An unmanned space craft has shed new light on one of our Sun’s enduring mysteries: why its outer atmosphere – or corona – is much hotter than the surface of the star itself. The first results from Japan’s Hinode mission point to a special kind of magnetic wave as the main mechanism in heating the corona. Data from Hinode show that the corona is swarming with these “Alfvén waves”, which could also be responsible for the solar wind – the origin of which has been another long-standing mystery.
The corona is a region of ionized gas – or plasma – that extends millions of kilometres from the surface of the Sun. Physicists have known for nearly 70 years that it has a temperature of several million Kelvin, while the solar surface is a relatively mild 6000 K.
Although there is no shortage of energy in the solar interior to heat the corona to such high temperatures – only about 0.01% of the total solar output is needed – the mechanism by which energy is transferred from the interior of Sun and to the corona has eluded physicists. A related mystery is the origin of the solar wind, which is a stream of charged particles that flows at very high velocity out of the open parts of the corona into interplanetary space. One of the prime candidates for coronal heating and the solar wind are Alfvén waves – torsional transverse magnetic oscillations that are believed to propagate at very high speeds along the magnetic field lines that run out of the surface of the Sun and into the corona. However, these waves have proved very difficult to see.
Now, in this week’s issue of Science, Bart De Pontieu of the Lockheed Martin Solar and Astrophysics Laboratory in Palo Alto, California, and colleagues in the US, Norway and Japan have shown that the surface of the Sun is apparently swarming with Alfvén waves, making it even more likely that they are responsible for heating the corona. Using data acquired by Hinode’s Solar Optical Telescope (SOT), they also concluded that Alfvén waves are responsible for accelerating the solar wind to hundreds of kilometres per second.
The team focussed the SOT on the Sun’s chromosphere – the relatively thin region between the surface and the corona — where they observed thin, short-lived jets of hot gas, known as “spicules”, that shoot out of the chromosphere and into the corona at over 100,000 km/h. “Our observations show that many of these jets wiggle sideways while they form”, De Pontieu told physicsworld.com. According to De Pontieu, these wiggles are caused by the transverse motion of the magnetic field – which occurs in Alfvén waves.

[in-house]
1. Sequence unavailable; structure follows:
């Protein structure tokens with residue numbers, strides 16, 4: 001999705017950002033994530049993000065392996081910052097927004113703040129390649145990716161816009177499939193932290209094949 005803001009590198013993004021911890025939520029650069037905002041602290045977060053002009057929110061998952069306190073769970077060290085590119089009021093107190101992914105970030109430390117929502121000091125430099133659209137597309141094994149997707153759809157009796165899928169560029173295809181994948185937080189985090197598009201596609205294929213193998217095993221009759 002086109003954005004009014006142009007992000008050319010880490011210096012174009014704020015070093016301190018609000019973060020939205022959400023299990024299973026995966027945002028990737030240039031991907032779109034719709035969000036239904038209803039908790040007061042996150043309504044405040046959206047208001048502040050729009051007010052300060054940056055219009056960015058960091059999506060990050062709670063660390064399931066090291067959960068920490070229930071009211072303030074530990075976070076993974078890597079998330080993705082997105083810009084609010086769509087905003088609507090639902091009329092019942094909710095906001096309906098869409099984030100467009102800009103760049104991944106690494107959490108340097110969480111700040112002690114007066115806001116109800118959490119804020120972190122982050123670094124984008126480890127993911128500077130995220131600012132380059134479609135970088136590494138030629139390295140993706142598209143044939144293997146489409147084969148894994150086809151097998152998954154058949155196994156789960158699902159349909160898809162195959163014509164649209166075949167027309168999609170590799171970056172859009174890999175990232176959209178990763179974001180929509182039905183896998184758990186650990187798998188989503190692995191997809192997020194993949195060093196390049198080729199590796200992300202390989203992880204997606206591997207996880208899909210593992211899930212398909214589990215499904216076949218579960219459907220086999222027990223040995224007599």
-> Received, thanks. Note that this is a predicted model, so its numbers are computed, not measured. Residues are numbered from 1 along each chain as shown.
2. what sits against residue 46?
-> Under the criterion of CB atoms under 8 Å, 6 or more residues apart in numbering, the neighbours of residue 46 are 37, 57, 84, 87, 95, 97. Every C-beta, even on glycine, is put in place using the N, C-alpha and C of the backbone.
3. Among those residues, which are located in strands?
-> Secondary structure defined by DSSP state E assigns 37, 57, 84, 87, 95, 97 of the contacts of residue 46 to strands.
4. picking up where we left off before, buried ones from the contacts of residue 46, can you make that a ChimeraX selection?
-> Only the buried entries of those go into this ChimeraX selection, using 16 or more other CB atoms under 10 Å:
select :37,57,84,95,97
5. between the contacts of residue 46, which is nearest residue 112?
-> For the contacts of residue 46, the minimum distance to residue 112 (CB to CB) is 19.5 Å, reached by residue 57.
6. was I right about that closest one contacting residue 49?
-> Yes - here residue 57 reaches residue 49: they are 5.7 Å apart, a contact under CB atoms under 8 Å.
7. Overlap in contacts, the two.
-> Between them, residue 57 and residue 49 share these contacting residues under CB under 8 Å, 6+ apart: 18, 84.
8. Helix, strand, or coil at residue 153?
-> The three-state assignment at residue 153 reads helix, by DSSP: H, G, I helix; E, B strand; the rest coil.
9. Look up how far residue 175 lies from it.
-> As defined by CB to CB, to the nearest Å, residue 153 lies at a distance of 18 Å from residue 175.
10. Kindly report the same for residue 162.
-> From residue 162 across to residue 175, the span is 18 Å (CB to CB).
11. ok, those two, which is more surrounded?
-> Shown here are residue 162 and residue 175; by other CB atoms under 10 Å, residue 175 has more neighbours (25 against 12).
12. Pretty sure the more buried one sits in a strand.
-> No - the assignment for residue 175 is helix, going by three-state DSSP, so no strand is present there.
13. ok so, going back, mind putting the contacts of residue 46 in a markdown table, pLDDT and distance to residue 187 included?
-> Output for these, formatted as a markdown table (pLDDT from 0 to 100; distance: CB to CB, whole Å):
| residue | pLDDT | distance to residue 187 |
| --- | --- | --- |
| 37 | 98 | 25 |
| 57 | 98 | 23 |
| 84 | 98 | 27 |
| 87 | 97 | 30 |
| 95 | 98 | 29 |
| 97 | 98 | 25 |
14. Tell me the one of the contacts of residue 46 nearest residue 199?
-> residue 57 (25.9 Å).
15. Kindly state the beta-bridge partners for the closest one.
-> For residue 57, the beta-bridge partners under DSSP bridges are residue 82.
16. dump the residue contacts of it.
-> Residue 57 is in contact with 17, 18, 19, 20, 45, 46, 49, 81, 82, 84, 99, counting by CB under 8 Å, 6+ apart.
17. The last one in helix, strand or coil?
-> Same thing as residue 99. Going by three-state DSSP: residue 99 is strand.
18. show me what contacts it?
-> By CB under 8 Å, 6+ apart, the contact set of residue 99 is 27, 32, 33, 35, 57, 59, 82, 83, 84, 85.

The team came to this conclusion by performing advanced computer simulations of the surface and atmosphere of the Sun, which produced waves similar to those that were wiggling the spicules. By comparing the simulations to the Hinode observations the team were able to conclude that the waves were Alfvén waves.
De Pontieu and colleagues were also able to make direct observations of the amplitudes of the Alfvén waves. Then by using computer simulations of how this wave energy leaks into the corona, they concluded that it is sufficient to power the solar wind.
The team is less sure whether the Alfvén waves are sufficient to heat the corona to its very high temperature because, according to De Pontieu, their current models of process are not sufficiently detailed to allow them to draw this conclusion.
In the same issue of Science, Takenori Okamoto of Japan’s National Astronomical Observatory and colleagues in Japan and the US report the first ever evidence for Alfvén waves in solar prominences – large structures of relatively cool plasma that form in the corona. These prominences were known to contain thread-like features that support the continuous flow of material. Using the SOT, Takenori and colleagues were able to observe oscillations in these threads and conclude that they are consistent with Alfvén waves propagating along the threads. The team also concluded that such Alfvén waves could be responsible for heating the corona.
Meanwhile, Jonathan Cirtain of the Harvard-Smithsonian Center for Astrophysics and colleagues in the US and Japan have published the first evidence of Alfvén waves in X-ray jets — fast-moving eruptions of hot plasma that occur near the solar poles. The team studied thousand of jets and found that many of them moved at about 3 million km/h – which is the speed at which Alfvén waves are believed to propagate. The team concludes from this that Alfvén waves are responsible for high-speed elements of the solar wind.
Robertus Erdélyi of the UK’s University of Sheffield told physicsworld.com that the Alfvén waves seen by De Pontieu and colleagues are important because they are a very plausible mechanism for transferring huge amounts of energy into the corona. However, Erdélyi cautions that Hinode is only capable of gathering 2D images of the corona, whereas proving that the oscillations are Alfvén waves – rather than other magnetic waves called “kink” waves – requires either 3D images or spectroscopic observations are needed. He therefore believes that the results need to be verified using, for example, using data from NASA’s STEREO mission, which involves two spacecraft that work together to obtain 3D images of the sun.